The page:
Front Immunol. 2023 Jan 30;14:1118781. doi: 10.3389/fimmu.2023.1118781. eCollection 2023.
We have previously demonstrated that scavenger receptor A (SRA) acts as an immunosuppressive regulator of dendritic cell (DC) function in activating antitumor T cells. Here we investigate the potential of inhibiting SRA activity to enhance DC-targeted chaperone vaccines including one that was recently evaluated in melanoma patients. We show that short hairpin RNA-mediated SRA silencing significantly enhances the immunogenicity of DCs that have captured chaperone vaccines designed to target melanoma (i.e., hsp110-gp100) and breast cancer (i.e., hsp110-HER/Neu-ICD). SRA downregulation results in heightened activation of antigen-specific T cells and increased CD8+ T cell-dependent tumor inhibition. Additionally, small interfering RNA (siRNA) complexed with the biodegradable, biocompatible chitosan as a carrier can efficiently reduce SRA expression on CD11c+ DCs in vitro and in vivo. Our proof-of-concept study shows that direct administration of the chitosan-siRNA complex to mice promotes chaperone vaccine-elicited cytotoxic T lymphocyte (CTL) response, culminating in improved eradication of experimental melanoma metastases. Targeting SRA with this chitosan-siRNA regimen combined with the chaperone vaccine also leads to reprogramming of the tumor environment, indicated by elevation of the cytokine genes (i.e., ifng, il12) known to skew Th1-like cellular immunity and increased tumor infiltration by IFN-γ+CD8+ CTLs as well as IL-12+CD11c+ DCs. Given the promising antitumor activity and safety profile of chaperone vaccine in cancer patients, further optimization of the chitosan-siRNA formulation to potentially broaden the immunotherapeutic benefits of chaperone vaccine is warranted.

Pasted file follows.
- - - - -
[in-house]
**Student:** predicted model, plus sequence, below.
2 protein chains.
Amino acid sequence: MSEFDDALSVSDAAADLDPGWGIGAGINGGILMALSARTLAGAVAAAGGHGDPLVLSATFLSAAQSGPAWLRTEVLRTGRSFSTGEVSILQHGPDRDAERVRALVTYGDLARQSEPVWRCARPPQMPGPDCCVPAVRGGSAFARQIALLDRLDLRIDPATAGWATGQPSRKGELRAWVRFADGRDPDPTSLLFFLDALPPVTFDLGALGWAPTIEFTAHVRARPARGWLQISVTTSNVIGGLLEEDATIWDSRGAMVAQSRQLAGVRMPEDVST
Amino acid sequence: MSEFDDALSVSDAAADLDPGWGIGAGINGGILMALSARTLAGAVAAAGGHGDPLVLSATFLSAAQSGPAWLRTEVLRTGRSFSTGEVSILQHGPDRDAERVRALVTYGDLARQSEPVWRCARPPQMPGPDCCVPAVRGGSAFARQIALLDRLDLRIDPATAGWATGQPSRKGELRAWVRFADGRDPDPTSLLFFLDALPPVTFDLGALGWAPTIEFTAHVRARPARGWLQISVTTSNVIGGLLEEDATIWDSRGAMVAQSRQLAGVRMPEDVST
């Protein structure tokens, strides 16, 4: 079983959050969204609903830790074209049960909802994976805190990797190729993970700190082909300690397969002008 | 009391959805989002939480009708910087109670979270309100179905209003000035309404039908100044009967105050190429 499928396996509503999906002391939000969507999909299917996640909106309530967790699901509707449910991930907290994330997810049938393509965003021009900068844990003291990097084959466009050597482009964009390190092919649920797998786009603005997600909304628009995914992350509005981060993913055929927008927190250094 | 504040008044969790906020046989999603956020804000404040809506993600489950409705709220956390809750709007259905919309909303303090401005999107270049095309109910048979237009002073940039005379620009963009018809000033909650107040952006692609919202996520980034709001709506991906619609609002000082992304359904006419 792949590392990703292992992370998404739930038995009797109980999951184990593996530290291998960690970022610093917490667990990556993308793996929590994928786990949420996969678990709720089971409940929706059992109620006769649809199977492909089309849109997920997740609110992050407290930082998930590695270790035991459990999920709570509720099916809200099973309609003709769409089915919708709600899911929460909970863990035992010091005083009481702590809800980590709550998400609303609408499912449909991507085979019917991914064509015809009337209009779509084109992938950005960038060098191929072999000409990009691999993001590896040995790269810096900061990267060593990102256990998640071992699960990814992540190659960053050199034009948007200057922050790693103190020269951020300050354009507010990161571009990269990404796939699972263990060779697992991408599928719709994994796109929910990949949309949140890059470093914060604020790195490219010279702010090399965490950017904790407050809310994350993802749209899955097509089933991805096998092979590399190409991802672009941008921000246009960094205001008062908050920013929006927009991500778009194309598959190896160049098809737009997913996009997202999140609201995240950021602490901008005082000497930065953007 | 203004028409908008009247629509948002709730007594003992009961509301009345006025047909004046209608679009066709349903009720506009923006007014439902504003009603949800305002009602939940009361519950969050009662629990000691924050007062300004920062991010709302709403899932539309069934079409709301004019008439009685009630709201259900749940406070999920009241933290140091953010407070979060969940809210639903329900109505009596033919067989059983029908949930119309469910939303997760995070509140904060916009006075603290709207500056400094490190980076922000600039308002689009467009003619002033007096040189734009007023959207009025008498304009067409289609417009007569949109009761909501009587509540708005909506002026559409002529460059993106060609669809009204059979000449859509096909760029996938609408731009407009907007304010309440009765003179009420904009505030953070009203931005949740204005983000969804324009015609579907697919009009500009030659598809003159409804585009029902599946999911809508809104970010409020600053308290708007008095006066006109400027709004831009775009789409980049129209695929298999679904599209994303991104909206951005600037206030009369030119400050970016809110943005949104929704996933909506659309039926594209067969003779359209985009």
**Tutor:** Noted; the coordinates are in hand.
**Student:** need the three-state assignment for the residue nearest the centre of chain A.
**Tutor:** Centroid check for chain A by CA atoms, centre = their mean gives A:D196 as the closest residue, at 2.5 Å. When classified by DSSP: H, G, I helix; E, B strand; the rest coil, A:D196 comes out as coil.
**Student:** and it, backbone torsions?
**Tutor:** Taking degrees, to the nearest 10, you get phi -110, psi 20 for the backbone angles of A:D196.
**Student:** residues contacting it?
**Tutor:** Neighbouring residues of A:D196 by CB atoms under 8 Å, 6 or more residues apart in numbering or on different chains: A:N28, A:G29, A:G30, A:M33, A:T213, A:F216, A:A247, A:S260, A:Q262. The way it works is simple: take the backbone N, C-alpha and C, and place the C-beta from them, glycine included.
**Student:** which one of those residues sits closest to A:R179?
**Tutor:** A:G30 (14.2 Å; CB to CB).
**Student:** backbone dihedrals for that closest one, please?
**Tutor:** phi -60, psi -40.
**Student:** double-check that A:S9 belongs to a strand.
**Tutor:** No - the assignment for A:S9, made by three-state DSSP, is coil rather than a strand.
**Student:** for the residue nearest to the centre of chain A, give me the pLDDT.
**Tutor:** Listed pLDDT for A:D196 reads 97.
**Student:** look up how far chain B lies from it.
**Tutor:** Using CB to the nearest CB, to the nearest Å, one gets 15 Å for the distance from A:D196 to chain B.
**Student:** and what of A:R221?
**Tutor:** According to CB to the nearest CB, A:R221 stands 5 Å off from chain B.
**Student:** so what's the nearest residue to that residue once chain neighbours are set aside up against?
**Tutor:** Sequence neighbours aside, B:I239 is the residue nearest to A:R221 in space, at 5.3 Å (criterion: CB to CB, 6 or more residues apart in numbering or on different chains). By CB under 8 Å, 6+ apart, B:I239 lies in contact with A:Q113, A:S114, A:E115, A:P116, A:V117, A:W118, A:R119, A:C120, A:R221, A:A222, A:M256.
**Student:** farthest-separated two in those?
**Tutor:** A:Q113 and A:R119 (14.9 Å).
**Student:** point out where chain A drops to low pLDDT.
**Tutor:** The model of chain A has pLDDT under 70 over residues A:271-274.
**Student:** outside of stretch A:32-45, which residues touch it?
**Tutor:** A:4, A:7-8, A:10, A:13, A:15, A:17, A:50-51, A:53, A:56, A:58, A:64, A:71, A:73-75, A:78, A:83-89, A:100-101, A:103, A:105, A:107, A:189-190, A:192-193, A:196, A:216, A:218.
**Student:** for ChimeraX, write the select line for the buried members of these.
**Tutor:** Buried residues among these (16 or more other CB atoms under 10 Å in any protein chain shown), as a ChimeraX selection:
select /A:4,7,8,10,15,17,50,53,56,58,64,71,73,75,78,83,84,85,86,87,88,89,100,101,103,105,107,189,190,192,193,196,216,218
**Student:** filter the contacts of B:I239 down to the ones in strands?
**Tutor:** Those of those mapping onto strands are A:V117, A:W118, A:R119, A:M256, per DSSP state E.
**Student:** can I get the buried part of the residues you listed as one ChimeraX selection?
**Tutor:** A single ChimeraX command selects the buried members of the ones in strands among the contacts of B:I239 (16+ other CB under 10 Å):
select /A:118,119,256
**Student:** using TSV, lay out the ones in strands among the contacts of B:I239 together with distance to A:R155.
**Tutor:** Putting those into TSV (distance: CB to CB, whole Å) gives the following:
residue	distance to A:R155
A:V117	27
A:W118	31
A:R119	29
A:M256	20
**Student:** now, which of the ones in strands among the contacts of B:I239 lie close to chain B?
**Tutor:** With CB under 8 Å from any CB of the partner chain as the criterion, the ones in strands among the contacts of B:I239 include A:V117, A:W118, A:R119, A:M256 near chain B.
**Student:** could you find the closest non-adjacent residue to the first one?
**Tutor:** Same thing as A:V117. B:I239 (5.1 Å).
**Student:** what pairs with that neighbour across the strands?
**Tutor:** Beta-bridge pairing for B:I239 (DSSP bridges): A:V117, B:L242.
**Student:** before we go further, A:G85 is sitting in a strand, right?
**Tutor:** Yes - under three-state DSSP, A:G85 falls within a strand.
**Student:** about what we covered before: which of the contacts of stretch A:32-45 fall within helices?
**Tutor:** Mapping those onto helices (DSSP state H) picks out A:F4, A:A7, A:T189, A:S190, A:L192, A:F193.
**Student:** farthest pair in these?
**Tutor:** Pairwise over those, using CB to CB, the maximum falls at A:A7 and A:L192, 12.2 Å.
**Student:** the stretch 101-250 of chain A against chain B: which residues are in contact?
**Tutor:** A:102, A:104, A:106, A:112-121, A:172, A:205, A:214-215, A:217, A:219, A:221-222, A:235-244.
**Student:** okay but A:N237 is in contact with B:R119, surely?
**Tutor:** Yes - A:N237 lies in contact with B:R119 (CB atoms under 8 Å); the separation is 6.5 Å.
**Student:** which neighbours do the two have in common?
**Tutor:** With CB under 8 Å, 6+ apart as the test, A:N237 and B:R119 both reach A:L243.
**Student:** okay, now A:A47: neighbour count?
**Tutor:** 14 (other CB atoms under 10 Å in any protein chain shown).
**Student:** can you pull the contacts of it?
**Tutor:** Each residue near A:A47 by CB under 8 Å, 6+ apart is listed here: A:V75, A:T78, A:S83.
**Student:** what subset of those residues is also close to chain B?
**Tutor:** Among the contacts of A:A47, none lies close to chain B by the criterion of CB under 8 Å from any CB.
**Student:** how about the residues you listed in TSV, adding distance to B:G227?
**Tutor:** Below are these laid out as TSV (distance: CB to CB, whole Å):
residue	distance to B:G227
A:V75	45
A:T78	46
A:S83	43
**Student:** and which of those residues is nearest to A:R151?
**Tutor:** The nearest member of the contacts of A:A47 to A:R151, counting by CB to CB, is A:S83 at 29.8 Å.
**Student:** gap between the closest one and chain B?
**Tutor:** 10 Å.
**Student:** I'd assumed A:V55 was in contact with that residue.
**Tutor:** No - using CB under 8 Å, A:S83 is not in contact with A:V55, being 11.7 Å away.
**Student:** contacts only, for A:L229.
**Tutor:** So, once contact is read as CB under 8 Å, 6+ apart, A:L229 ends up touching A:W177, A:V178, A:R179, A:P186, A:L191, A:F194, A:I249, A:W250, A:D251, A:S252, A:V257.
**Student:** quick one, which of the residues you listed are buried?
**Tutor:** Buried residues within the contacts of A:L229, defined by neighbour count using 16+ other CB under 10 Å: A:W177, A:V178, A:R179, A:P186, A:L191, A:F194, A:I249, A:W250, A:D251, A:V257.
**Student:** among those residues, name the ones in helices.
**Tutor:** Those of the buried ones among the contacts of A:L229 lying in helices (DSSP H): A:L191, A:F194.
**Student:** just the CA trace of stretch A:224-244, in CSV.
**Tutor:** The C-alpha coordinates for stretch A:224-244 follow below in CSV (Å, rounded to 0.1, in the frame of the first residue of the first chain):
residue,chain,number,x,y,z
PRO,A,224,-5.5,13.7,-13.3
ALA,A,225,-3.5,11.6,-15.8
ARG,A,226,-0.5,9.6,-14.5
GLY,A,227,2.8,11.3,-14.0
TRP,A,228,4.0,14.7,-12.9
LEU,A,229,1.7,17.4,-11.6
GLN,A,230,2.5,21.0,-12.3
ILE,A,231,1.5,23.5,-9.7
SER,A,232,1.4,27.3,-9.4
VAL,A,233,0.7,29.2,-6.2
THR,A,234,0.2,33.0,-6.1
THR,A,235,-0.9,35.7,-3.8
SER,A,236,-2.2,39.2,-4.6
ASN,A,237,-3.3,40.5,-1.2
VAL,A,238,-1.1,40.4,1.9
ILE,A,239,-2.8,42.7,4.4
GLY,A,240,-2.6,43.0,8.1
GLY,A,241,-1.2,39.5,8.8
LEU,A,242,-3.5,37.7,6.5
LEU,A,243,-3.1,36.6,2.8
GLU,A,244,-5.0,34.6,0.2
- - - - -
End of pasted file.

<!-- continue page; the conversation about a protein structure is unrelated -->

PMID:36793731 | PMC:PMC9923017 | DOI:10.3389/fimmu.2023.1118781